Bellies full, we rode down the hill for another two hours before reaching Santo Domingo. Strangely our hands hurt more than our legs after our 6 hour ride, blame it on the bumpy downhill once again. After a quick nap in the car, our group finally reached the T'sachila community where we would spend the night. The T'sachilas are a famous indigenous group in Ecuador due to their tradition of painting their hair red with achote. After receiving a warm welcome from the community and a delicious meal, the leader, Alfonso, spoke to us about his community. The young go where the money is, many are leaving behind their indigenous culture in favour of modern lifestyles. He shared with us the importance he is placing on tourism to help the community succeed financially and to revive his culture. He invited a local shaman to practice a cleansing ceremony for us. Curiously, with candles providing the only source of light, we observed him chanting in T'safiki, agitating palm tree leaves to the sky and spitting out an unknown liquid. "Who wants to be cleansed" said Alfonso. We all looked at each other with a mixture of amusement, curiosity and fear of the unknown. Sebastian, one of the guides, was the first brave volunteer. Waving leaves, hitting rocks over his head and chanting, the shaman cleansed his soul. When asked for other volunteers I quickly put my hand up. Getting my soul cleansed by a shaman in Ecuador, "¿Porque no!?". I'm not an overly spiritual person but as the shaman was practicing the ceremony I felt a different kind of energy, my mind was relaxed and I was solely focused on myself. It was a moment of meditation and appreciation. Maybe this feeling was born out of the mix of the sounds of rainforest, the warmth of the people and the thrill of the ride.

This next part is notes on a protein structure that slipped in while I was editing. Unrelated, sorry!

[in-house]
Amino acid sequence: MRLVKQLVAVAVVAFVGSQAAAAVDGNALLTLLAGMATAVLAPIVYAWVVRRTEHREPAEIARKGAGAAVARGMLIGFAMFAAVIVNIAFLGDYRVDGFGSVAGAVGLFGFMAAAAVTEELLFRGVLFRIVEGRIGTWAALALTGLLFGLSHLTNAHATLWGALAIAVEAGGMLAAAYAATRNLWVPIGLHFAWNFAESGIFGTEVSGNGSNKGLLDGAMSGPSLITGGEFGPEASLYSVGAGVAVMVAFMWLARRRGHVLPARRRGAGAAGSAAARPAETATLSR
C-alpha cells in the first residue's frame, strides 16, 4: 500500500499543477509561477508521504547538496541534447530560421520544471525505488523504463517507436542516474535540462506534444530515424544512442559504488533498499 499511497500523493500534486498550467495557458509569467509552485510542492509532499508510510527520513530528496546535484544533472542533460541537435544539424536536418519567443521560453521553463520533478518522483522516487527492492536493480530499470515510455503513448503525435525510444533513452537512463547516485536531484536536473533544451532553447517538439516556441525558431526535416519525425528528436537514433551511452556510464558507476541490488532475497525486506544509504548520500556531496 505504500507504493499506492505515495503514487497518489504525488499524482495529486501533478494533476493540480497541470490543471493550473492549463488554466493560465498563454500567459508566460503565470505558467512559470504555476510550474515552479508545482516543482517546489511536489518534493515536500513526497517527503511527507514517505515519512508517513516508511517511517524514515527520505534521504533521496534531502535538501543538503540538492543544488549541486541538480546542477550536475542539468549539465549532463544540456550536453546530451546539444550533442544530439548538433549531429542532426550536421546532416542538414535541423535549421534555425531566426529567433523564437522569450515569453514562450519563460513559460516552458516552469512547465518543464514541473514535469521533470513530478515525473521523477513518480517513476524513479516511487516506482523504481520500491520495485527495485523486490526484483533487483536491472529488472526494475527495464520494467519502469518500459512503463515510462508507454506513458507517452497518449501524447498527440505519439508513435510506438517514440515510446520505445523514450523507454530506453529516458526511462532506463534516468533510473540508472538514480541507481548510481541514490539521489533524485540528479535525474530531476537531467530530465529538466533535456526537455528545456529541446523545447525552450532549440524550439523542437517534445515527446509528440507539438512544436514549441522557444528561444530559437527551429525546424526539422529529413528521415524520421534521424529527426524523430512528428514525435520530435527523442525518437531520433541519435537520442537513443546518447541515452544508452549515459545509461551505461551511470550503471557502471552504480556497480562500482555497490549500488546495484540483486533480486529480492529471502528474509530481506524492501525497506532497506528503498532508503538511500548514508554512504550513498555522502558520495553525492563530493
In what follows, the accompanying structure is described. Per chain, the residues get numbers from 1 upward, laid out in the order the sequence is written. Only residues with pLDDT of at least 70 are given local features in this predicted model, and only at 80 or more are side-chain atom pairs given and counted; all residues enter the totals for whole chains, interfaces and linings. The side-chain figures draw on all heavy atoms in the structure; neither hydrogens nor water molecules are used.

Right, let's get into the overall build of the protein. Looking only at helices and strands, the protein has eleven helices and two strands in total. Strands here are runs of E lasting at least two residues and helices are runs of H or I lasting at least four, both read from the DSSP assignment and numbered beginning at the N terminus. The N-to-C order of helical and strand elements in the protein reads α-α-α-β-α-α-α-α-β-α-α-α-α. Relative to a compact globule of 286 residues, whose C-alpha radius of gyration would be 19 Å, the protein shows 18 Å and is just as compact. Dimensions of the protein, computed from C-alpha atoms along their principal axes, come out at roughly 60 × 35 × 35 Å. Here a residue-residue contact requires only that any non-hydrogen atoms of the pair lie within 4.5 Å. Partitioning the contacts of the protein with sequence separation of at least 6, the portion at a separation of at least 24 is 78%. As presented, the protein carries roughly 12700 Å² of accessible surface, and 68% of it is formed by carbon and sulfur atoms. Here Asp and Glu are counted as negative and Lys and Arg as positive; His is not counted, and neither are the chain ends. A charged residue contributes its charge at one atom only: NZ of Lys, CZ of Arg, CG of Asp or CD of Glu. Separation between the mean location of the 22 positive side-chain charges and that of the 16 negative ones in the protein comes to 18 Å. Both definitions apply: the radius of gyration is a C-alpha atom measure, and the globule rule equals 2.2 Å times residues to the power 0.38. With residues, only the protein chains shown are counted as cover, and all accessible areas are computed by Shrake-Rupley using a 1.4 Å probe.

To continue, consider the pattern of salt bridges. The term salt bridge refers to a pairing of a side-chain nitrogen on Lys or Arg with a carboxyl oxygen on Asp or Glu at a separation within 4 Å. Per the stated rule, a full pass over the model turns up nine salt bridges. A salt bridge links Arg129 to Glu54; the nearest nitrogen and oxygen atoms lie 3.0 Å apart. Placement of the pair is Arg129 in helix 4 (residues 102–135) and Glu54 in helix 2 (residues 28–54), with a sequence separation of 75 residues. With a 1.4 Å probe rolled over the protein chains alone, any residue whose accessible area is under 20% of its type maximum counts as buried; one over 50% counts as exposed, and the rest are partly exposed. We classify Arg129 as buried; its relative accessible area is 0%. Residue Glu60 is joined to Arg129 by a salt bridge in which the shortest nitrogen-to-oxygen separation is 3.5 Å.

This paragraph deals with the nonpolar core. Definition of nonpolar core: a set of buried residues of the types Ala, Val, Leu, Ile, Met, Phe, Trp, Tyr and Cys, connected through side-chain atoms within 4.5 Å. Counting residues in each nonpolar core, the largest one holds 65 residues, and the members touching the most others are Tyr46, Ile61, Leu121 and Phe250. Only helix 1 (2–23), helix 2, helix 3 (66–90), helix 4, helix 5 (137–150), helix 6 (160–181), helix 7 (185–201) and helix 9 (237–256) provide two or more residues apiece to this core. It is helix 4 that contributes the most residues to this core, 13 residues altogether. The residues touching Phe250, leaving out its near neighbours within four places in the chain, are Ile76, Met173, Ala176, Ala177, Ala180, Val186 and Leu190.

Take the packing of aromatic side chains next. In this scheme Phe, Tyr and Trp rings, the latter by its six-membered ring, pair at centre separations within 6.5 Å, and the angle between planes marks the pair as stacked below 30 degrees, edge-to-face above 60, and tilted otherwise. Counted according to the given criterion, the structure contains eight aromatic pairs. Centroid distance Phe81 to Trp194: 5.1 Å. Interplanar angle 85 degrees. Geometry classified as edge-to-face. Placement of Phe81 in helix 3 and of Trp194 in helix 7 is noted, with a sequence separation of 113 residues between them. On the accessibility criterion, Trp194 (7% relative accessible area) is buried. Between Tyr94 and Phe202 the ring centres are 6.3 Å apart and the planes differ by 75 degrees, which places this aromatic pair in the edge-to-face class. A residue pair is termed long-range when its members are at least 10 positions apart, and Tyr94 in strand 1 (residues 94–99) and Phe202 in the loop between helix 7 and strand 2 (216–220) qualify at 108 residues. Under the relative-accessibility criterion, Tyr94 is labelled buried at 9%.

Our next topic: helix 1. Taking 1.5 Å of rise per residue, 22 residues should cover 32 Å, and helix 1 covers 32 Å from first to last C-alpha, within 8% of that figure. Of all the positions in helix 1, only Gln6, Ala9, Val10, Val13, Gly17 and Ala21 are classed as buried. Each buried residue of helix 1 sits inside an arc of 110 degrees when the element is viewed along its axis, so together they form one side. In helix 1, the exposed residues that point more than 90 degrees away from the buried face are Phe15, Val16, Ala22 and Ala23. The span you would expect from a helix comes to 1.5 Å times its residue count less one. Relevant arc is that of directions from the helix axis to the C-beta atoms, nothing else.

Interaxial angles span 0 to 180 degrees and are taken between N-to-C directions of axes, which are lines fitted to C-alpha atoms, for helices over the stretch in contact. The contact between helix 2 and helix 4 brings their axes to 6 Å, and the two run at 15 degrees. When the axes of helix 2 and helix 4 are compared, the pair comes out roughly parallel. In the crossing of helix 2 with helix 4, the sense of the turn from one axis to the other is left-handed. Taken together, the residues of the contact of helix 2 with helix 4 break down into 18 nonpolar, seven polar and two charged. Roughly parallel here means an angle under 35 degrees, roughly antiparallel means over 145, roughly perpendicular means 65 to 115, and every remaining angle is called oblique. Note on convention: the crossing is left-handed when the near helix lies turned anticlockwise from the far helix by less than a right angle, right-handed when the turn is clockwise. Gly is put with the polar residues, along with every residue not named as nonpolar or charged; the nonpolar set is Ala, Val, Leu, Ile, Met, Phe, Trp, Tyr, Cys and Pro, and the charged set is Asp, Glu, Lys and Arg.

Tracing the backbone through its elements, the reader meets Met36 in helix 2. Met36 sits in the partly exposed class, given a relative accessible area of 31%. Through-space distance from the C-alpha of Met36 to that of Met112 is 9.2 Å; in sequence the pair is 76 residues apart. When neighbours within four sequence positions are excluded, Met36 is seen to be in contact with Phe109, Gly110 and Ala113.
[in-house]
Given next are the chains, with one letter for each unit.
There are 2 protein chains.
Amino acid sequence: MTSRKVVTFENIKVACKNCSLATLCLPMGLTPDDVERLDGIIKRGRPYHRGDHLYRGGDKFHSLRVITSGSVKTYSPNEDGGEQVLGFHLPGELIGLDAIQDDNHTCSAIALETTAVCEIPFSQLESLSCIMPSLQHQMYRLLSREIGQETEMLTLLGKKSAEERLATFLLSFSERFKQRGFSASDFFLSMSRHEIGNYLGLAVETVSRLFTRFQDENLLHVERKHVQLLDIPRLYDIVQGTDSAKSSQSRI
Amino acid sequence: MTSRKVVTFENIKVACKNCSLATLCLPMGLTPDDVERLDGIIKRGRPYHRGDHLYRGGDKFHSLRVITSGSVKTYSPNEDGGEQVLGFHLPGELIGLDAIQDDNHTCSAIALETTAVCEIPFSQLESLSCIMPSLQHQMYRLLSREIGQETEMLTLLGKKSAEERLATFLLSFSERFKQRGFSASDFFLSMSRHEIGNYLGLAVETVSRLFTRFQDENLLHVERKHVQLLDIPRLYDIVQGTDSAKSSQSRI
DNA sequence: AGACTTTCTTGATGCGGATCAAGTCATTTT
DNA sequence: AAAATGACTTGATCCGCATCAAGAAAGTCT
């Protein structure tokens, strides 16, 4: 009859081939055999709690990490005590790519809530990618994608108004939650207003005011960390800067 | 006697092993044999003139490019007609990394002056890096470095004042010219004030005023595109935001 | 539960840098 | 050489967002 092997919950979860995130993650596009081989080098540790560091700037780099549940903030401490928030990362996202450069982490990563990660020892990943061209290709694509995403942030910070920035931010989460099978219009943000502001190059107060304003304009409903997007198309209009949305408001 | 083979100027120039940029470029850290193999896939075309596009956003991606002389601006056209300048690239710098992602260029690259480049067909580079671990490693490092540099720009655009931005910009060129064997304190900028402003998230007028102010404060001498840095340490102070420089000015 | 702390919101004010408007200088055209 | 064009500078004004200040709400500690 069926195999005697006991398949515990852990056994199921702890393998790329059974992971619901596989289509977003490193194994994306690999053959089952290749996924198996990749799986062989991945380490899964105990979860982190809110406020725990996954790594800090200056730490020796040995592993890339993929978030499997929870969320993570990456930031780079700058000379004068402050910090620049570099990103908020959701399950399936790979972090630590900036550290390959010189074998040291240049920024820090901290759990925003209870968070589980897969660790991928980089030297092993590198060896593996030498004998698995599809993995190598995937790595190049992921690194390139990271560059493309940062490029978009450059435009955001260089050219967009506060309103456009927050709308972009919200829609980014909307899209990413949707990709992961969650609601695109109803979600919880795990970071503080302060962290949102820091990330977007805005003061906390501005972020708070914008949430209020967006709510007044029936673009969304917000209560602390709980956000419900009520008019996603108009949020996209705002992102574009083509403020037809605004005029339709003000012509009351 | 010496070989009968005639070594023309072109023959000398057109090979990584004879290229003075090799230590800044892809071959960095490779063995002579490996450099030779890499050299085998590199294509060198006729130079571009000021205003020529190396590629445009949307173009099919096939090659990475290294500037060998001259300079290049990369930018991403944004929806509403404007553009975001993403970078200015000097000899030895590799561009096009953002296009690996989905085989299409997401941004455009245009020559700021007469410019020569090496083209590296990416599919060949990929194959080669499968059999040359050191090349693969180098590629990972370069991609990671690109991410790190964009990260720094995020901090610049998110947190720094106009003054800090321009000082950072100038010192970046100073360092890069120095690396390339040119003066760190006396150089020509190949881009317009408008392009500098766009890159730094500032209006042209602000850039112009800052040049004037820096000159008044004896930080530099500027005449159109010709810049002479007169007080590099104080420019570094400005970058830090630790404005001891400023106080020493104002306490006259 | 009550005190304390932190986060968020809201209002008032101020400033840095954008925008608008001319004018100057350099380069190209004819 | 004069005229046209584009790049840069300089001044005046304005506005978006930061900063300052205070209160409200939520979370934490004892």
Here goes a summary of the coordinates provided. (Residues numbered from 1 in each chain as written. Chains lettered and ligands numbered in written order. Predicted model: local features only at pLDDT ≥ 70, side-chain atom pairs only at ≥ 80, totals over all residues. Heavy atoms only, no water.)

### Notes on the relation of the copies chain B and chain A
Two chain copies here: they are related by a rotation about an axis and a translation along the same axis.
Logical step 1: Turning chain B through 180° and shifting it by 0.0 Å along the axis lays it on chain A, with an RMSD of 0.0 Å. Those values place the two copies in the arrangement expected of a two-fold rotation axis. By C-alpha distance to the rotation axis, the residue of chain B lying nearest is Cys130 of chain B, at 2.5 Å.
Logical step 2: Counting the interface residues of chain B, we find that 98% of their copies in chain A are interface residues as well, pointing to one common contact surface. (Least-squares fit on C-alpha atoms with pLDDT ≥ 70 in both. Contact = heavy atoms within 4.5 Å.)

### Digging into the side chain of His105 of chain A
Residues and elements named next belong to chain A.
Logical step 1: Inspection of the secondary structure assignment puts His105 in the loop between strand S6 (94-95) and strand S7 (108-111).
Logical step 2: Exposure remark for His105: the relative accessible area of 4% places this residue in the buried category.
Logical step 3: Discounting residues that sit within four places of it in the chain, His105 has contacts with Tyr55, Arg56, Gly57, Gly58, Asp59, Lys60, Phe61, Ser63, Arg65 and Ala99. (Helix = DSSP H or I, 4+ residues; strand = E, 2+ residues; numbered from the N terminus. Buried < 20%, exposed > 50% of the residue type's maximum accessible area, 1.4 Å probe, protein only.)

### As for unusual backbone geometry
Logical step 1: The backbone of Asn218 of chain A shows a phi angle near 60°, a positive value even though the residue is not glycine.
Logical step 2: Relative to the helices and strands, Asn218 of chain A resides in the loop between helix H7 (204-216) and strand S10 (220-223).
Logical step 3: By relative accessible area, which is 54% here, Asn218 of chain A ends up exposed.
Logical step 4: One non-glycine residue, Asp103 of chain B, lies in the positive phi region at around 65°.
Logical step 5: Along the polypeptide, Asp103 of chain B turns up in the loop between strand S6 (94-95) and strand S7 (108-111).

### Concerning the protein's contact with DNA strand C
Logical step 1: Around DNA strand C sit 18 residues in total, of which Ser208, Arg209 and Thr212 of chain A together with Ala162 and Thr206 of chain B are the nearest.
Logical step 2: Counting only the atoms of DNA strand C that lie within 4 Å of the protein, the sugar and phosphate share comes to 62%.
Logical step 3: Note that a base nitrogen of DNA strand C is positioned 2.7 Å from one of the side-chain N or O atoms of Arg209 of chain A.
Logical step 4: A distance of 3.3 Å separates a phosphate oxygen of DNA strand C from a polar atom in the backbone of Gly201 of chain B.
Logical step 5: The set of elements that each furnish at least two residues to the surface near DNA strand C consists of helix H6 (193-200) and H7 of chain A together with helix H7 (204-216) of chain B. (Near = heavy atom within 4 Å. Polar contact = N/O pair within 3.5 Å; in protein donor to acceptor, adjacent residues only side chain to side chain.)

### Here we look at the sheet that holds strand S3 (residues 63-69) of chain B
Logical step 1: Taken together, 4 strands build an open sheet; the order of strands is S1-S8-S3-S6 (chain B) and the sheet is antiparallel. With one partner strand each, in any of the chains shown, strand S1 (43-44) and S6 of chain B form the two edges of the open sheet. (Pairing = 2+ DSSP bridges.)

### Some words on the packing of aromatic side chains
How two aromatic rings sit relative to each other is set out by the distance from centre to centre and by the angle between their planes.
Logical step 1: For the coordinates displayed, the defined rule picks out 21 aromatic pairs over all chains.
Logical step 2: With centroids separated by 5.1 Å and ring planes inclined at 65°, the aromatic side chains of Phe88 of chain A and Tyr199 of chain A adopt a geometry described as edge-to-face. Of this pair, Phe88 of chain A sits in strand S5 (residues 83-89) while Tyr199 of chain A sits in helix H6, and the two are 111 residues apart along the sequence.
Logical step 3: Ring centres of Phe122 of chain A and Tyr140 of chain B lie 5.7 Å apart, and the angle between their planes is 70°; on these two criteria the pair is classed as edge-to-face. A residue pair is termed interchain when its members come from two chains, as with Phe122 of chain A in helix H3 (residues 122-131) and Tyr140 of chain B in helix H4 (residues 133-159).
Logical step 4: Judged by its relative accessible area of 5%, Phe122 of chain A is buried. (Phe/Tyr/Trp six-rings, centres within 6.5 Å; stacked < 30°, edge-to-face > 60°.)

After falling asleep to sounds of drums coming from the other side of the forest (I imagined them to be tribal drums but I'm about 100% it was some kind of rave), we woke up in the early morning and floated down the river on a raft we found by the shore. Our breakfast consisted of fresh passion fruit, homemade pan de Yuca and instant coffee ( a must in Ecuador). Alfonso told us we had to catch our own lunch, after a good laugh we realized he was serious. We went down to the river and the men showed us their traditional fishing method. Before lunch, Alfonso's friend demonstrated how he painted his hair with achote. A couple of the girls got streaks in their hair, maybe we'll get the hairstyle trending in Canada! After eating the fish we helped catch and chewing on fresh cacao, we had to pack our bags and head back to Quito. I was ready to rent out a hammock, live off cacao beans and spend another week in this paradise. Throughout the trip I kept thinking about how lucky I was to experience this epic scenery and to learn about the T'schila culture.
This Pedal for Change trip has by far been my favourite experience in Ecuador so far, I wholeheartedly recommend it to anyone who wishes to go on a life changing adventure. I mean this NGO combines all of my favourite pastimes: traveling, cycling and volunteering. What is there not to love about it? This trip has inspired me to get more into biking and to plan biking trips during my travels around the world. Because I truly believe in Reina's cause, I'm now volunteering for Pedal to encourage other students to experience Ecuador in a sustainable and culturally-enriching manner.
Hopefully you'll join Reina on an adventure soon! The road is waiting for you.
University of Victoria student
Pedal for Change website: http://pedalforchange.org/